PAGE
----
Taiping Rebellion and Peking Expedition of 1860 in China found work for the skills for the lying, womanising coward as once again Flashy pushes his luck too far once again and he is caught running guns to rebels, instead of the less risky Opium he was expecting.  How do you introduce yourself to the Divine Emperor, Son of Heaven - his imperial majesty of China?  Kow-Towing in chains, "I am a Banner chief in the Red-haired Army, a trusted creature of the Big Barbarian."  [Flashman and the Dragon 1860, pub. 1985]   The Taiping Rebellion was appalling, the worst civil war in history, one of the bloodiest wars ever.  The bloodiest battle ever fought on earth was the Third Battle of Nanking, when in three days the dead exceeded a hundred thousand.  "Whenever the Taipings undertook any desperate military action, they invariably raised black silk flags in every company, which their soldiers were bound to follow on pain of death - they even had executioners posted in the ranks to behead any shirkers, which must have done wonders for their recruiting..." [Flashman and Dragon.].  Luckily Flashman had the option spending the campaign in the perfumed gardens of the Summer Place, at the mercy of the beautiful Yehonala Tzu-hsi, the Orchid, the incomparable (insatiable) Yi Concubine, later Empress of China.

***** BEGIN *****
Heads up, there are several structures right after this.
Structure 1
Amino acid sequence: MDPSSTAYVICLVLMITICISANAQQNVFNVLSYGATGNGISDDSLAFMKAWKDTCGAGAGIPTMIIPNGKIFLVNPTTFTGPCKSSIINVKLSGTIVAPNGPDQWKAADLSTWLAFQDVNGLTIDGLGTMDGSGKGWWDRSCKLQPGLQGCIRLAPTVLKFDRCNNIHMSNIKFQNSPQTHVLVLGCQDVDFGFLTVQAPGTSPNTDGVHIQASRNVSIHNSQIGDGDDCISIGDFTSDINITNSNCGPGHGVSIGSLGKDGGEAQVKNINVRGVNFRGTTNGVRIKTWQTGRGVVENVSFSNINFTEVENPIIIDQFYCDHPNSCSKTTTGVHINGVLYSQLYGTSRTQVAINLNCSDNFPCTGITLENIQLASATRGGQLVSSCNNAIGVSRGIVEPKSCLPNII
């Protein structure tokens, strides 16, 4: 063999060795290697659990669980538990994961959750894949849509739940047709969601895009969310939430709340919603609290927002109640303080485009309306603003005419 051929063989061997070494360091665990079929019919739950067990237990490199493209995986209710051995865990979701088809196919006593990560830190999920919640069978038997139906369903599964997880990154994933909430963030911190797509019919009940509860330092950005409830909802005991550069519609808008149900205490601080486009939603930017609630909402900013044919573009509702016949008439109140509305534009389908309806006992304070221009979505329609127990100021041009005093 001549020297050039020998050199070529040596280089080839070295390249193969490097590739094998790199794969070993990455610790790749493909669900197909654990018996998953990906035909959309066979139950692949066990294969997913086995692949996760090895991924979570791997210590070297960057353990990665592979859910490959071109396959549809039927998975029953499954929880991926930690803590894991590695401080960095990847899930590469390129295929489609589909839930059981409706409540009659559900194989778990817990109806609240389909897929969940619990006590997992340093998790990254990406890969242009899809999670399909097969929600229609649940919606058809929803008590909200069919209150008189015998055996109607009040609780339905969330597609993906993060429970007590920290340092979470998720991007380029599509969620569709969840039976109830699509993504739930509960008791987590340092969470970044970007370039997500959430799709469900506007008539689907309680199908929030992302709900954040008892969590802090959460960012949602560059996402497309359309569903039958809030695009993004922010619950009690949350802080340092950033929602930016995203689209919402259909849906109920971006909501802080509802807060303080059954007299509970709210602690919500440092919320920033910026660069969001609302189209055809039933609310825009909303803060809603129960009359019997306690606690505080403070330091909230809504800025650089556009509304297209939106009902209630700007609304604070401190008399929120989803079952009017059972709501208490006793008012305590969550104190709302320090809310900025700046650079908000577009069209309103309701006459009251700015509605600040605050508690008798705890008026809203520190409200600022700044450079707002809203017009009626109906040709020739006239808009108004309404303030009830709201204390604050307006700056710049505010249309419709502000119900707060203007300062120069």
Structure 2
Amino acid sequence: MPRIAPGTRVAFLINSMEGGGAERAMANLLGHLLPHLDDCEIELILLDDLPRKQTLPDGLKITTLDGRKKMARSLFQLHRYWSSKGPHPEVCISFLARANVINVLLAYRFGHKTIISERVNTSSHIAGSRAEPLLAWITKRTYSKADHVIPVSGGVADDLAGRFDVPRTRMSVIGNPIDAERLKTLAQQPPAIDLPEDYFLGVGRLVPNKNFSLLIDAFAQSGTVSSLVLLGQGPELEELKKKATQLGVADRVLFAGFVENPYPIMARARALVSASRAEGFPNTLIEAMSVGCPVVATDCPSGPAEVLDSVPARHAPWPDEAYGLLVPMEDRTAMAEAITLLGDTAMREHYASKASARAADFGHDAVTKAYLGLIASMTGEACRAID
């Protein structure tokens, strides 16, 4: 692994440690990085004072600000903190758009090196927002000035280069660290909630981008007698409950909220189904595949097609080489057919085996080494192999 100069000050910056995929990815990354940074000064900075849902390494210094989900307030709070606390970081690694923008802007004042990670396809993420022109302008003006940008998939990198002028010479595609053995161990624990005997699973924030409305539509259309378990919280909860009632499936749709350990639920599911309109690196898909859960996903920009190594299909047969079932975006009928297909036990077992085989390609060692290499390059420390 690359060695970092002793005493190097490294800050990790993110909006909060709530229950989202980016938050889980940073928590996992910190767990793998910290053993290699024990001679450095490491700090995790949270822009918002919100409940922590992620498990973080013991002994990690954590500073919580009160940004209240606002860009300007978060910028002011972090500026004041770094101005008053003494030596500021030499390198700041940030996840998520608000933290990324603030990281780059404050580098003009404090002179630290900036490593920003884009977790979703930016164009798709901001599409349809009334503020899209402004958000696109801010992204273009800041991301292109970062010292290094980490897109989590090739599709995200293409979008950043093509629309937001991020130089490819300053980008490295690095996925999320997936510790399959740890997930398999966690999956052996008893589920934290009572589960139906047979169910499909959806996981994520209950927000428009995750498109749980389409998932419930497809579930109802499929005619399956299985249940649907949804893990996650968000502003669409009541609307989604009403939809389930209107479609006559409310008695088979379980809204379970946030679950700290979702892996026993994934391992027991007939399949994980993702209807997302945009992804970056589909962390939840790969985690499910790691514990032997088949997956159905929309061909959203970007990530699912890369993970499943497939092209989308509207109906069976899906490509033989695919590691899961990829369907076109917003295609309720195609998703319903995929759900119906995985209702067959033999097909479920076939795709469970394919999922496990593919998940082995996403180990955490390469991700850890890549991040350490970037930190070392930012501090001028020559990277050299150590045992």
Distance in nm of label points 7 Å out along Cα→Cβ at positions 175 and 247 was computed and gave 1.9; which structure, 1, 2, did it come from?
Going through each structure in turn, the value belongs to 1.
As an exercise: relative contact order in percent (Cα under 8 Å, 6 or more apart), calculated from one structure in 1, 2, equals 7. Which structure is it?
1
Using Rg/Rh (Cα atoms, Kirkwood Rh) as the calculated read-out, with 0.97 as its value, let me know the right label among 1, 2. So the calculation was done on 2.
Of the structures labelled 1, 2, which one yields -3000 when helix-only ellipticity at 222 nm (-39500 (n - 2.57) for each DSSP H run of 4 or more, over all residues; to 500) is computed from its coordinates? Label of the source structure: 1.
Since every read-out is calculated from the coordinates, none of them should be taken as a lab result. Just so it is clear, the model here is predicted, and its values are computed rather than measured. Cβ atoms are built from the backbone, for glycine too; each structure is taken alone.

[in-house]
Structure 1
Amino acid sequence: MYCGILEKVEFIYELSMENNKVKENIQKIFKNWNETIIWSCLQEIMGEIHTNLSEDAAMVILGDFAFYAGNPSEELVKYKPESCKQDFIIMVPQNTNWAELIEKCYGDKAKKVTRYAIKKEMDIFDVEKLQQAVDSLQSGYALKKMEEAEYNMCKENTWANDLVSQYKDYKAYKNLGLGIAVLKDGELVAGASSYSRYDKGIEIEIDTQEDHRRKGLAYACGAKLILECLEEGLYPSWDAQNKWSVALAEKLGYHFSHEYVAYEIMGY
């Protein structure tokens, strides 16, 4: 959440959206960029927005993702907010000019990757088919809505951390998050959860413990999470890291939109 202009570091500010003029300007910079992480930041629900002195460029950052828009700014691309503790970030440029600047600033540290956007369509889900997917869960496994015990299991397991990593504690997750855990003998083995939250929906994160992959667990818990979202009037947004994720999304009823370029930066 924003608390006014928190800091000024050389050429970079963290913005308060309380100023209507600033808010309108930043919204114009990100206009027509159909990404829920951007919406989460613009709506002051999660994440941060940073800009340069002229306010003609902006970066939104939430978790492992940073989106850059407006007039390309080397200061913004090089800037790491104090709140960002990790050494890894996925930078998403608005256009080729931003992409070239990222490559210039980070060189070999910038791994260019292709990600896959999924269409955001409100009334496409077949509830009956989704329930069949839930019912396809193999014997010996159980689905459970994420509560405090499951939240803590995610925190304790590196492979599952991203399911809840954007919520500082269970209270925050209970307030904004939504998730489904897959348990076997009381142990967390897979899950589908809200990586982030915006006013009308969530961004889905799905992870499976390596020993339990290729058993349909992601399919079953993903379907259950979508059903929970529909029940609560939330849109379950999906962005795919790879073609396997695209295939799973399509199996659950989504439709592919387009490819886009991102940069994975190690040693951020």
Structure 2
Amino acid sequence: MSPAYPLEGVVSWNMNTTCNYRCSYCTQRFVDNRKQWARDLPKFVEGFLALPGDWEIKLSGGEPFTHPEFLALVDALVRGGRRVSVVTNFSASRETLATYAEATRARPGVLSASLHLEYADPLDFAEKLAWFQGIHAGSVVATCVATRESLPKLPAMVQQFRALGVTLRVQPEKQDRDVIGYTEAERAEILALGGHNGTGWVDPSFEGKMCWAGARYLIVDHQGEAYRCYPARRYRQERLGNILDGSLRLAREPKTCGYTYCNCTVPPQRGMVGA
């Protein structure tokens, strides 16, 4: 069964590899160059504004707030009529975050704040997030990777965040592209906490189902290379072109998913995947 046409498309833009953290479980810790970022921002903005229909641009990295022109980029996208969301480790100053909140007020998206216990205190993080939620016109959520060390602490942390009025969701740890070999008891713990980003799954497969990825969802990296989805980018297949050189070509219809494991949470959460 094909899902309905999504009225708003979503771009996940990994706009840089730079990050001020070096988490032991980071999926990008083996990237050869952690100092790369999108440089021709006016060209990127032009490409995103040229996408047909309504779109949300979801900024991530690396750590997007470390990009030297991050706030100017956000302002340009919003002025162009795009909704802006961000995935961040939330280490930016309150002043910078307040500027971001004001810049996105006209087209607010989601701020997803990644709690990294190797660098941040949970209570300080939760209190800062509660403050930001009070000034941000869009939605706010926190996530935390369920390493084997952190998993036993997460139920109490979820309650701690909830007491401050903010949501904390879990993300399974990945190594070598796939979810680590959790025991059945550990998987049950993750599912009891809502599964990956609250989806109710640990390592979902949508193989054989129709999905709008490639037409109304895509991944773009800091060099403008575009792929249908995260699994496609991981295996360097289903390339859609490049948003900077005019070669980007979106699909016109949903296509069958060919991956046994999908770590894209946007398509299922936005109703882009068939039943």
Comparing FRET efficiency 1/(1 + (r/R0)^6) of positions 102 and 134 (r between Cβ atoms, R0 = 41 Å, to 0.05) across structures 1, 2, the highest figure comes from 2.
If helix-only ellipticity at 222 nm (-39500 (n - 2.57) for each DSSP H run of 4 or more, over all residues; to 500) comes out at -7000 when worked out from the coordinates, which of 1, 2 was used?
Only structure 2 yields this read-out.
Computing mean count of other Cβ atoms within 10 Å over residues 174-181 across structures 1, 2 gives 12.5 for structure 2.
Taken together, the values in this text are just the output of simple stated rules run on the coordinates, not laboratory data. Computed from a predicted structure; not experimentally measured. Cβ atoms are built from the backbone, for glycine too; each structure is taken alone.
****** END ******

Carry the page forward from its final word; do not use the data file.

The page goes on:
England's Number 1 scoundrel having disgraced himself and his Queen (who was not amused) from India to Little Big Horn in a trail of tangled bed sheets, angry husbands, and besmirched uniforms found himself entwined in the services of the "Angel of the Lord" - John Brown in 1859.  The memoir was written in 1913 when the aged Sir Harry heard his great-grandchildren sing "John-Brown's Body" at his Leicestershire home, Gandamack Lodge.  He tells us how he joined John Brown and on his raid on Harper's Ferry, Virginia - and thus effectively setting the wheels in motion that will start the American Civil War.  "I doubt if one American in five has even heard of John Brown - but let him make his crazy raid, and swing for it, and the whole world will hear of him. And what will the world say? That America, the land of liberty, has hanged an honest, upright, God-fearing Christian whose only crime was that he wanted to make men free."  [Flashman and the Angel of the Lord 1859 pub. 1994]